Harvesting the Verba for Midsummer

Harvesting the Verba for Midsummer June 16, 2017

What’s more pagan than getting out into nature and playing with plants? Now’s the time, and if you have any knowledge or training in herbalism it’s a great time to wildcraft in appropriate places. Not only that, but it’s an ancient tradition practiced all over continental Europe, which has a climate a lot like the Midwest and East Coast of the US. No matter where you are you can spend some time learning to ID a few new flowers and herbs. It’s a great practice to be in the habit of, even if you don’t have the knowledge or the plants to harvest just making friends with a plant can be a powerful practice.

A watercolor and ink image of herbs and the sun for midsummer.

Learning the common and latin names of a plant, the history and uses, how it fits into it’s biome, what plants and animals are friends of that particular plant and what it’s spiritual gifts is a great way to greet a plant spirit. As you may have noticed, the name of my blog is Dandelionlady and that because many moons ago the first plant spirit I truly made deep friends with was dandelion. It was a great gift she gave me, and has only deepened with time.

This is the time of year to be harvesting a lot of plants including yarrow, mugwort, elderflower, rue, comfrey, lavender, plantain, and St. john’s wort. The last is actually named specifically because it blossoms at the same time that midsummer occurs. Often European midsummer festivals were recast as festivals for St. John so that all the merriment and harvesting could continue to occur under the auspices of a Christian saint.

Watercolor painting of a hawk with a sun background and a border of midsummer symbolism
Midsummer by Melissa Hill

If you are going to do more than just visually appreciate the Green Kin, make sure you’re educated about wildcrafting in your area.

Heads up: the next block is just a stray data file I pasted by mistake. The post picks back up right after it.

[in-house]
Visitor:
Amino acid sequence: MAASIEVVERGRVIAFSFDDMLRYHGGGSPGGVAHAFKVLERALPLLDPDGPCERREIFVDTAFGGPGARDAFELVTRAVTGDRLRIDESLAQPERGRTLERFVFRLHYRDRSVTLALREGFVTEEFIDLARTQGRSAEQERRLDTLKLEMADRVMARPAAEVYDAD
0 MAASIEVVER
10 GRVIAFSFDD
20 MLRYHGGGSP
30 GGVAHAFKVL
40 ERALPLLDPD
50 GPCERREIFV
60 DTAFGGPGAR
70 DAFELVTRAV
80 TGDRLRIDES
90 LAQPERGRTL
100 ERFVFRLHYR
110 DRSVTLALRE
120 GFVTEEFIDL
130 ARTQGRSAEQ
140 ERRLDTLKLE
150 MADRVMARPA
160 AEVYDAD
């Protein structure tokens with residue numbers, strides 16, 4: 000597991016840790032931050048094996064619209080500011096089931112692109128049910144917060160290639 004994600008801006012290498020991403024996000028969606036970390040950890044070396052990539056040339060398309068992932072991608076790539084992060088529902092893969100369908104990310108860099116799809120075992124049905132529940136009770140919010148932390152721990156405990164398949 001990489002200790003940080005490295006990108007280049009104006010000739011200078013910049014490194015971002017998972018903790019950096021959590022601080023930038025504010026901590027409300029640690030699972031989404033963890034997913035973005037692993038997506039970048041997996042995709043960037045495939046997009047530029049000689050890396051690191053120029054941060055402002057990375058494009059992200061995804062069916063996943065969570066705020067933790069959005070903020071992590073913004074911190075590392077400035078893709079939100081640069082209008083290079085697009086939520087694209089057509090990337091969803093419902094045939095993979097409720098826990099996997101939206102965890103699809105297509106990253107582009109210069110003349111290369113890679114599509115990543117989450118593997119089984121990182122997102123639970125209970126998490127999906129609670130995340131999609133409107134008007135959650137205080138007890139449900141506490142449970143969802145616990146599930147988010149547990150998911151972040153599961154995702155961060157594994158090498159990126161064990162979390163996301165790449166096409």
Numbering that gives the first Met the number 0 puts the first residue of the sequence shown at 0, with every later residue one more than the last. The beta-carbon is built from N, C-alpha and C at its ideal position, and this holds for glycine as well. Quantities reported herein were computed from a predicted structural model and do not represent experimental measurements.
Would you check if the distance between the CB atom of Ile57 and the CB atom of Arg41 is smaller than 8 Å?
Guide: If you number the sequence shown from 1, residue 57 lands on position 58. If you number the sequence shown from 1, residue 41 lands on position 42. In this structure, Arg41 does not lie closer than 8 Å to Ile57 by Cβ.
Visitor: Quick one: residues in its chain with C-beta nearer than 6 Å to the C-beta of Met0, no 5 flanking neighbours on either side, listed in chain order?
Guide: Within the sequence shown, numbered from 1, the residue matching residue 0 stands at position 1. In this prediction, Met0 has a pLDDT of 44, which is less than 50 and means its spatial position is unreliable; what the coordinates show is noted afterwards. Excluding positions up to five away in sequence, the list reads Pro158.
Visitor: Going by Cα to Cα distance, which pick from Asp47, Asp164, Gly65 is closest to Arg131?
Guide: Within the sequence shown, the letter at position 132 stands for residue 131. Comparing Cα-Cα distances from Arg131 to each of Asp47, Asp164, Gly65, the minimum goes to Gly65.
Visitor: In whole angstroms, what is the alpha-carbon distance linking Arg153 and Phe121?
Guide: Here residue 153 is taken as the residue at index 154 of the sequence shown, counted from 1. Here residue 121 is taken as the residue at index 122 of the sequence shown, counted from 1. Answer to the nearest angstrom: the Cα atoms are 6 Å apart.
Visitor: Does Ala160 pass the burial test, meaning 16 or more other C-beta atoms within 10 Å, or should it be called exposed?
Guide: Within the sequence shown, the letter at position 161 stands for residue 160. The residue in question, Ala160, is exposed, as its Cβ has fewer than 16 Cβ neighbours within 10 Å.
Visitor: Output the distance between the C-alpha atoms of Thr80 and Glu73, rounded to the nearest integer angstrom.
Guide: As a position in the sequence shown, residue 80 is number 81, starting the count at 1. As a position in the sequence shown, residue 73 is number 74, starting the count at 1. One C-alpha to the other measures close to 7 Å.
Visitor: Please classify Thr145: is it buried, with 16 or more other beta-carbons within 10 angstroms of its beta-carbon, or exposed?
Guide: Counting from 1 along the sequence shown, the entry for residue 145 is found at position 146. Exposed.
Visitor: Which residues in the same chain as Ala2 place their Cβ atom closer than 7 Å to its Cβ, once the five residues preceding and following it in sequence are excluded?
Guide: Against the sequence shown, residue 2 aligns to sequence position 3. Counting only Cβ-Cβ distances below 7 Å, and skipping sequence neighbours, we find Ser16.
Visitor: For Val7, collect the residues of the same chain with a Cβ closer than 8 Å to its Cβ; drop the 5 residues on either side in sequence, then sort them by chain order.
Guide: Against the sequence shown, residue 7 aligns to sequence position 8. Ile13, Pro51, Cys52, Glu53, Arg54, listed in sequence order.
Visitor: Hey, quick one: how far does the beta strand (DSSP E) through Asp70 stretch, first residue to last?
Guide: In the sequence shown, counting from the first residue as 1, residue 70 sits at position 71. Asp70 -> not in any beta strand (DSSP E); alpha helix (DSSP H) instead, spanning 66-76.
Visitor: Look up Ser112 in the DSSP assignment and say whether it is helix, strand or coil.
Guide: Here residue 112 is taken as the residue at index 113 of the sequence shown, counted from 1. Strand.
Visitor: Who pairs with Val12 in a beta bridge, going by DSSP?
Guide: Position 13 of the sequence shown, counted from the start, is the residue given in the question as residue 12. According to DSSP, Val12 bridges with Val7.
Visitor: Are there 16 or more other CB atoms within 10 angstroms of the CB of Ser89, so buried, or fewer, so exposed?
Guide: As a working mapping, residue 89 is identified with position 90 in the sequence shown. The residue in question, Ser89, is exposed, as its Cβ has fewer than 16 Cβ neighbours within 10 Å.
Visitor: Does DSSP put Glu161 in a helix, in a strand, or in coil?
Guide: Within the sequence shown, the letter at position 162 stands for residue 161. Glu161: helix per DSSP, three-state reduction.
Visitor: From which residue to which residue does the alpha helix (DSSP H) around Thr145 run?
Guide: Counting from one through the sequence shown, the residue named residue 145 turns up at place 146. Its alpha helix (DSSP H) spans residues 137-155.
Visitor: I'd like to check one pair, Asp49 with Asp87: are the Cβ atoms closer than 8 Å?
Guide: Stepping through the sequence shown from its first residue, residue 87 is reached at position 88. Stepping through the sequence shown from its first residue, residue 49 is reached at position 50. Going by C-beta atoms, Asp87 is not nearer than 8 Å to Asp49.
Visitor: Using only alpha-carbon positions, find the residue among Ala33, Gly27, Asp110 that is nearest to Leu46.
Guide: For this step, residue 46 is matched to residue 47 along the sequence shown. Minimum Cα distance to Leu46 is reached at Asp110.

Here’s some tips to think about when deciding what is best:

  1. Make sure you know what plants are protected in your area and don’t disturb them! It is more important that lady slipper flower and trillium exist than you get to that patch of elderflower.
  2. Make sure you can properly ID the plant you are harvesting.
  3. Learn if there are any look alikes, particularly poisonous ones and if there’s a high risk of confusing them, it’s probably best not to harvest.
  4. Learn about the life cycle of the plant and how best to propagate it. If it needs help do so while you harvest or come back to do so.
  5. Only harvest a small portion of any stand of plants. If there’s not enough to leave a large amount left, at least ¾ of the stand, don’t take any there.
  6. Make sure you’re harvesting where it’s legal.
  7. Don’t harvest too close to roads or factories or where there might be lead in the soil.
  8. Do give offerings and thanks when harvesting a plant. Cornmeal or powdered eggshell are both good options.

I used the word Verba in the title of this post on purpose. It’s a Lithuanian word that specifically references all the herbs and green things. I love the sacredness of the green spirits. Often as modern pagans we think about being aligned with animal spirits, but the plant spirits are powerful allies as well.   There is a story of the fire flower, a fern that blooms only once per year, in only one place. If you are lucky enough to find the fern that blooms it will confer great magic upon you. I hope you hunt the flower fern this year, and may your Midsummer be bright!

If you appreciate my work think about donating to my Patreon account. If you join soon, you can get a print of my new Midsummer painting shown above! Thanks!

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